I’m sure for Jesus that it was hard watching someone make a decision that he knew, eventually, they would regret.

What is striking though is that the choice here is whether to stay and continue to follow Jesus or not. The choice to stay didn’t mean that the doubts disappeared (really, we are going to be eating your flesh?). The choice to stay didn’t mean perfect understanding that what Jesus was saying would eventually come to light (how does that piece of bread that cup of wine at Mass become Jesus’ body and blood?).

But then again, just look at those who did stay. Peter and the twelve would prove more times than not how little they understood what Jesus was saying to them, and how often their doubts would re-appear and make them screw up.

Yet, they stayed despite all of those doubts and confusions because Jesus hadn’t given them any reason not to trust Him. Yes, “this saying is hard” – but Jesus offers that if we trust him, stick with him, continue to follow him – it won’t make things easier – in fact things will probably become harder. But it’s a choice we will never regret. Because we too will come to make Peter’s words our own – We have come to believe and are convinced that you are the Holy One of God.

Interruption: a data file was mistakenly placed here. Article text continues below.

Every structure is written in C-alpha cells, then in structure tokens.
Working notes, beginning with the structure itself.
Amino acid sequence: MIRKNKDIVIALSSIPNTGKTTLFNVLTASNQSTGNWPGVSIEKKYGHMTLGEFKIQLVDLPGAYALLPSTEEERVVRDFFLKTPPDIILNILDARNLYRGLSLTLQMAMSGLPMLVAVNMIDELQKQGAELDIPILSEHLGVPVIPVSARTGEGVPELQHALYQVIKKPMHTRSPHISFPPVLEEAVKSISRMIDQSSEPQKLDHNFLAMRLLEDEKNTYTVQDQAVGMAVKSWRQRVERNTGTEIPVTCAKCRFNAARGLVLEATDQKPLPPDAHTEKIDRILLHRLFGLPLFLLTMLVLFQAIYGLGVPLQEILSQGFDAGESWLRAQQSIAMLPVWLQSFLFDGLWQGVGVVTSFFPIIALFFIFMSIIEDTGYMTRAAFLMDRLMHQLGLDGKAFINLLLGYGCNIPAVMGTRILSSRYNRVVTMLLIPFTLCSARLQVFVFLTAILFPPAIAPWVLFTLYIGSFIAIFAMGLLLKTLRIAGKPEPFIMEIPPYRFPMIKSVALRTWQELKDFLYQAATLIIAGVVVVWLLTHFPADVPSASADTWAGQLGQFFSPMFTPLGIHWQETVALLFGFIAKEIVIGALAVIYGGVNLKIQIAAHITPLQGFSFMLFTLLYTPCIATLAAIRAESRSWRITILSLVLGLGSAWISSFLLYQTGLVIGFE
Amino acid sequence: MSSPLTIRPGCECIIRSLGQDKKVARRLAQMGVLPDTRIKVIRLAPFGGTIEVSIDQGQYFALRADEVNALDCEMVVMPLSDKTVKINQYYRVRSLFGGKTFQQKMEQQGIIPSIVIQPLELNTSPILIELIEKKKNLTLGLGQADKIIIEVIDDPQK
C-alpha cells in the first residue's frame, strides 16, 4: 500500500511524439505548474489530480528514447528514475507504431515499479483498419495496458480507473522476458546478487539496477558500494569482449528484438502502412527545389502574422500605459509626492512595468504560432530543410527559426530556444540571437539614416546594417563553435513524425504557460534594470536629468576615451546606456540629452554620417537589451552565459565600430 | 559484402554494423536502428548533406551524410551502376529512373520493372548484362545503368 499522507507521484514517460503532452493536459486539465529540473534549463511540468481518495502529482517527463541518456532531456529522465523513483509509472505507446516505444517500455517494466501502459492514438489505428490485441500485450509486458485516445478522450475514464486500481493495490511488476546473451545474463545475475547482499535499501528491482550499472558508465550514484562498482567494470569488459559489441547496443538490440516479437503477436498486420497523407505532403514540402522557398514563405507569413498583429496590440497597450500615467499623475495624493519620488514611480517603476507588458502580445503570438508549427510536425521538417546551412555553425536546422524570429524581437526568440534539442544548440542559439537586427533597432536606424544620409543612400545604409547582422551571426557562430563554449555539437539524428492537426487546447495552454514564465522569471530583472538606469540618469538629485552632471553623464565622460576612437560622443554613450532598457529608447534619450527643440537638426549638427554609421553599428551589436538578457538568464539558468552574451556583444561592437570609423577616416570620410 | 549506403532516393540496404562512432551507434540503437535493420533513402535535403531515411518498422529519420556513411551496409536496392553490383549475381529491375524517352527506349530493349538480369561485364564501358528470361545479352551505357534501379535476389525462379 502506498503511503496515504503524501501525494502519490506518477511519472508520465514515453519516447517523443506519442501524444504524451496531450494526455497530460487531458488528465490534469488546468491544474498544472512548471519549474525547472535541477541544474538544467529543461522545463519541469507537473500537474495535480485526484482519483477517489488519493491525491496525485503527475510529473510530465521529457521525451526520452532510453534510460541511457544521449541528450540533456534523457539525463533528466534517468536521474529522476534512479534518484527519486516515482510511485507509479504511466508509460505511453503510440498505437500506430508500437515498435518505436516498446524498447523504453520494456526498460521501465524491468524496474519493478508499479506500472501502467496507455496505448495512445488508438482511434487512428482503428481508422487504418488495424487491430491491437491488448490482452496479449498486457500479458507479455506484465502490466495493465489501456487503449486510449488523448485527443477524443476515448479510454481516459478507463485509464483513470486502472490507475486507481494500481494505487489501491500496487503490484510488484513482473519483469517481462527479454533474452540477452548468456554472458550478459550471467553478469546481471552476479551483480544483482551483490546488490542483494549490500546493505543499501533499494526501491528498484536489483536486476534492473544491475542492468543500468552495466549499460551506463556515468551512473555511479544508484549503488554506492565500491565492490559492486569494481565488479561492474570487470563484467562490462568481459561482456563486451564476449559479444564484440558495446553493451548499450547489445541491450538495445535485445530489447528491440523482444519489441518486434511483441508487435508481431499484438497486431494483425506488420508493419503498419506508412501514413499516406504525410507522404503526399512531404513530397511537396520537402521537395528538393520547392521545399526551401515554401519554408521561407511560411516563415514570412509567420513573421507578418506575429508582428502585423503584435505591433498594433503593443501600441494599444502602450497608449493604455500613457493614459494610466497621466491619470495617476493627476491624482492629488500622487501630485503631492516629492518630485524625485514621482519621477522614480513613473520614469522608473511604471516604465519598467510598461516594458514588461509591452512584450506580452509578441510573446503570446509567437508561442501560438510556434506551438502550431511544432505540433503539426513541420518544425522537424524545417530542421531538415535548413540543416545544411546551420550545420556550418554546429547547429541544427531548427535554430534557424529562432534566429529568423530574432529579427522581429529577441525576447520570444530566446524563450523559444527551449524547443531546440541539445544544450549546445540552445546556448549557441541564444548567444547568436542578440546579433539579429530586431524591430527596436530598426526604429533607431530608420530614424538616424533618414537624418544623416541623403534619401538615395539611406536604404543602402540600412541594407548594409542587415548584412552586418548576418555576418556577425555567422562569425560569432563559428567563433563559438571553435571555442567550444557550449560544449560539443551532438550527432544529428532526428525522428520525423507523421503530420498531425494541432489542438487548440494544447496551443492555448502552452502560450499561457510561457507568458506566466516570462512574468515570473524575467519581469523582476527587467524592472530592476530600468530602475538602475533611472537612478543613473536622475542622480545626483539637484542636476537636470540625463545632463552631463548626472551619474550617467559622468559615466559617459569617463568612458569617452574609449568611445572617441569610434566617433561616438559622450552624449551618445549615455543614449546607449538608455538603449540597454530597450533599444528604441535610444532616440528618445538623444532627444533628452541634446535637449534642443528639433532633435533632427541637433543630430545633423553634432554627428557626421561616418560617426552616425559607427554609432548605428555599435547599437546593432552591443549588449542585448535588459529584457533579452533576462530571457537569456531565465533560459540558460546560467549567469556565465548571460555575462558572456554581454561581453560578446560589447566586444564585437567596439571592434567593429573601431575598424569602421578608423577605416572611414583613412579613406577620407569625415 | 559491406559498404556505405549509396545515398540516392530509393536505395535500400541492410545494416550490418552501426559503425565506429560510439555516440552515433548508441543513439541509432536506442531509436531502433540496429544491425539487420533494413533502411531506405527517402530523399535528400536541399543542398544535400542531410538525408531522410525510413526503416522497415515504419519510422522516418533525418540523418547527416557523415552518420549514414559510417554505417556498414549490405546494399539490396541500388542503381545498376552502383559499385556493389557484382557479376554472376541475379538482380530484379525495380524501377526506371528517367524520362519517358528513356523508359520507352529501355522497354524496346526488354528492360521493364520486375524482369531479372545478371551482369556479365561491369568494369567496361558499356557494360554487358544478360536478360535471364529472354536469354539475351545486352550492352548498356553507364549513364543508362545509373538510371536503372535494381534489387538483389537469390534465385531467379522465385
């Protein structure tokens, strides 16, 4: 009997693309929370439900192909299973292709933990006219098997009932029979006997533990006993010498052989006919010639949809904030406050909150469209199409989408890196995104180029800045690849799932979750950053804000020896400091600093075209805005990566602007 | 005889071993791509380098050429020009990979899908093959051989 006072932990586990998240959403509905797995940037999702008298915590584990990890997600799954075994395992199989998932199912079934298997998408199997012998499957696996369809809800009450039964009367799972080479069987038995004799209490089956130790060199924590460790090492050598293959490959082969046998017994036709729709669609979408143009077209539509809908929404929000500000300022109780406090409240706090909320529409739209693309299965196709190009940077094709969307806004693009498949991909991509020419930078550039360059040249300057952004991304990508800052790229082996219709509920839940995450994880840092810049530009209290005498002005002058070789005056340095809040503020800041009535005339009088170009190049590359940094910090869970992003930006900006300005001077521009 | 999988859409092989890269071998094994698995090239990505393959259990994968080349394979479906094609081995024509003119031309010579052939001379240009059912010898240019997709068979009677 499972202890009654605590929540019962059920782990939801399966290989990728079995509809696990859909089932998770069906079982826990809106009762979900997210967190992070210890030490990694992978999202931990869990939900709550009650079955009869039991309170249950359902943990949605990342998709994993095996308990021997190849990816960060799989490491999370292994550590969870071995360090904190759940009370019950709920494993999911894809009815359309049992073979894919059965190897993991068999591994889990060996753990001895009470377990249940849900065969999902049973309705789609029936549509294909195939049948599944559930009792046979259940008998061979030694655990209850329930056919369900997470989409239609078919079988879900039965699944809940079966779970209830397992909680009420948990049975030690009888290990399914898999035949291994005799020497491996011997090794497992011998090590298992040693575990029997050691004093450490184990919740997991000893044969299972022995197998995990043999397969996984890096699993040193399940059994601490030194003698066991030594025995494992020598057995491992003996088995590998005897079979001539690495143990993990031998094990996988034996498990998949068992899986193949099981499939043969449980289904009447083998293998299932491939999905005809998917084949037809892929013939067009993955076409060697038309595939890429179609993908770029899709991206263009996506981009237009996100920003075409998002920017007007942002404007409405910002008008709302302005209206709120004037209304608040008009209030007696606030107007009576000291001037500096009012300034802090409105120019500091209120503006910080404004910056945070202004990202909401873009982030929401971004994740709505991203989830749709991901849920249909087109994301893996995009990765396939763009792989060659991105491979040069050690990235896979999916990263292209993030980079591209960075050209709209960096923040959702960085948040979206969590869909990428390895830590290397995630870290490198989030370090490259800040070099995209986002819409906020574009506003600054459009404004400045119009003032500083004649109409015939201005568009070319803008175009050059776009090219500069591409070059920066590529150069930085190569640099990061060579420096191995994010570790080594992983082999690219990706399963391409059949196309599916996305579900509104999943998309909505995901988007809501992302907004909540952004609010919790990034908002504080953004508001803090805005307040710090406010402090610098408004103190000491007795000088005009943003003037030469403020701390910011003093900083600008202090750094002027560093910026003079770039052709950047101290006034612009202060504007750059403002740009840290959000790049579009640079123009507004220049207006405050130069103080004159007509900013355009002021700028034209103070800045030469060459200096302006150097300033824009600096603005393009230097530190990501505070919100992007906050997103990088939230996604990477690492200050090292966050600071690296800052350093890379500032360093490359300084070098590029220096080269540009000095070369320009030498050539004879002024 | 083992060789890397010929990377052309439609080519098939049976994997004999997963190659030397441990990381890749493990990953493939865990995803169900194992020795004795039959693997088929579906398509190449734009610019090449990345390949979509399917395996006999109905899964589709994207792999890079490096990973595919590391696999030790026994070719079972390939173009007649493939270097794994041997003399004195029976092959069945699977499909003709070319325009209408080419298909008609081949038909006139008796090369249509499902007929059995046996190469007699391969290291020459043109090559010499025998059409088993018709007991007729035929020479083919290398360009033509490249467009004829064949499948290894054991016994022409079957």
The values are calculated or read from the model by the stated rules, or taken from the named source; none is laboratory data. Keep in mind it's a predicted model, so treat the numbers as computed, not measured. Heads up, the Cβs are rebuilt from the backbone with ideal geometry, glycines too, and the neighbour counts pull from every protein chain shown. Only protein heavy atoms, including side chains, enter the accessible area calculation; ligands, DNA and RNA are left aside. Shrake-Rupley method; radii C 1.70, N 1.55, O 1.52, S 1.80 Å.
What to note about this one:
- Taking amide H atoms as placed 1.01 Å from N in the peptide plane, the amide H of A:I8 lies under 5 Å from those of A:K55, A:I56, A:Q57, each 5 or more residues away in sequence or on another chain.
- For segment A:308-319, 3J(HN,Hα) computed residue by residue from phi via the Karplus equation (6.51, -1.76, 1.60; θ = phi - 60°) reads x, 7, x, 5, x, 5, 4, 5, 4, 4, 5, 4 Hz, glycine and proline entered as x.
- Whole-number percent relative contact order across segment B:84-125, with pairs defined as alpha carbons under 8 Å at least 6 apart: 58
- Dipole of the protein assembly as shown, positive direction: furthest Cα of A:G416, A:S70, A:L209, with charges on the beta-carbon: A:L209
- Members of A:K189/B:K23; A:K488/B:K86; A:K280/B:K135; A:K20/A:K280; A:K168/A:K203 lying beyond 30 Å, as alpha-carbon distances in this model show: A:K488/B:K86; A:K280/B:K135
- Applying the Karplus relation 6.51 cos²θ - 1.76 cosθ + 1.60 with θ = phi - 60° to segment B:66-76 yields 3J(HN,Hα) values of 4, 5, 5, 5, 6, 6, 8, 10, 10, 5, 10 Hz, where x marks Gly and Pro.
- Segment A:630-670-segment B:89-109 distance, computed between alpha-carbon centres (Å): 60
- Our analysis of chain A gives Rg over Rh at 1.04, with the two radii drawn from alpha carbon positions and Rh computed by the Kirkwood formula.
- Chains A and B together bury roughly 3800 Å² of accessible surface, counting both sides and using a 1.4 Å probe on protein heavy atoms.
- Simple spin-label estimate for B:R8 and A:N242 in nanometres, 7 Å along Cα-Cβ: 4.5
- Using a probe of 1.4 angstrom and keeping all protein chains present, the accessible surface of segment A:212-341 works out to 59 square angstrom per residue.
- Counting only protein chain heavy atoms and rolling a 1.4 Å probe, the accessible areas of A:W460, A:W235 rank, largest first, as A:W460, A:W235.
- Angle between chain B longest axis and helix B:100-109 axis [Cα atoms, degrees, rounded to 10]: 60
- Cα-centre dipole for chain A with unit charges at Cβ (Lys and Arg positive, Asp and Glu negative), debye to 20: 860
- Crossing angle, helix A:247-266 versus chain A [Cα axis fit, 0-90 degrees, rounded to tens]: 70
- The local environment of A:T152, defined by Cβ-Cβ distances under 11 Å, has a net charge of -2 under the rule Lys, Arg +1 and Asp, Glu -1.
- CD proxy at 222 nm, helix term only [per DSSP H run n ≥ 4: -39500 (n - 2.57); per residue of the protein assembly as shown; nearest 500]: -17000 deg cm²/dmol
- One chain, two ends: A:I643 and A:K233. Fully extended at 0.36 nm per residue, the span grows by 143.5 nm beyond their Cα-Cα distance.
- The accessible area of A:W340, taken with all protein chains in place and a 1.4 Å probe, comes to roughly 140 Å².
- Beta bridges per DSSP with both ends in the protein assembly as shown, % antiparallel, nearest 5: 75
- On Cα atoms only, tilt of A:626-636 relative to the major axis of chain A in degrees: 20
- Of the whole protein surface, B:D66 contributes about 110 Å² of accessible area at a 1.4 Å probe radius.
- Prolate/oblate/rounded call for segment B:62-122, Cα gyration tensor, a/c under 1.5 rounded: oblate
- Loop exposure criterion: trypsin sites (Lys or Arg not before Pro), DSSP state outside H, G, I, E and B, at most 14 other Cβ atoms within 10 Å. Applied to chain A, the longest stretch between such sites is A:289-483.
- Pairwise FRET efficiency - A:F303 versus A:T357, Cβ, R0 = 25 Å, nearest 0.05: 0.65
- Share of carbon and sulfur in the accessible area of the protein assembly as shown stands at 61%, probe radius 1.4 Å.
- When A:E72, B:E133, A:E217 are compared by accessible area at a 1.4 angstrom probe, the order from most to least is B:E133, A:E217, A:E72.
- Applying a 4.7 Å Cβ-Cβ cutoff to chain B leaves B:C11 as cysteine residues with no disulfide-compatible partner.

Lord, I pray for all my Sonshine Friends who are troubled with regrets from their past. May your spirit of understanding and truth bring people back to the church. May the faith community, your parish and neighbors welcome you back with open arms and the spirit of God’s love and mercy.

Sunday, August 16, 2015

The Face of Joy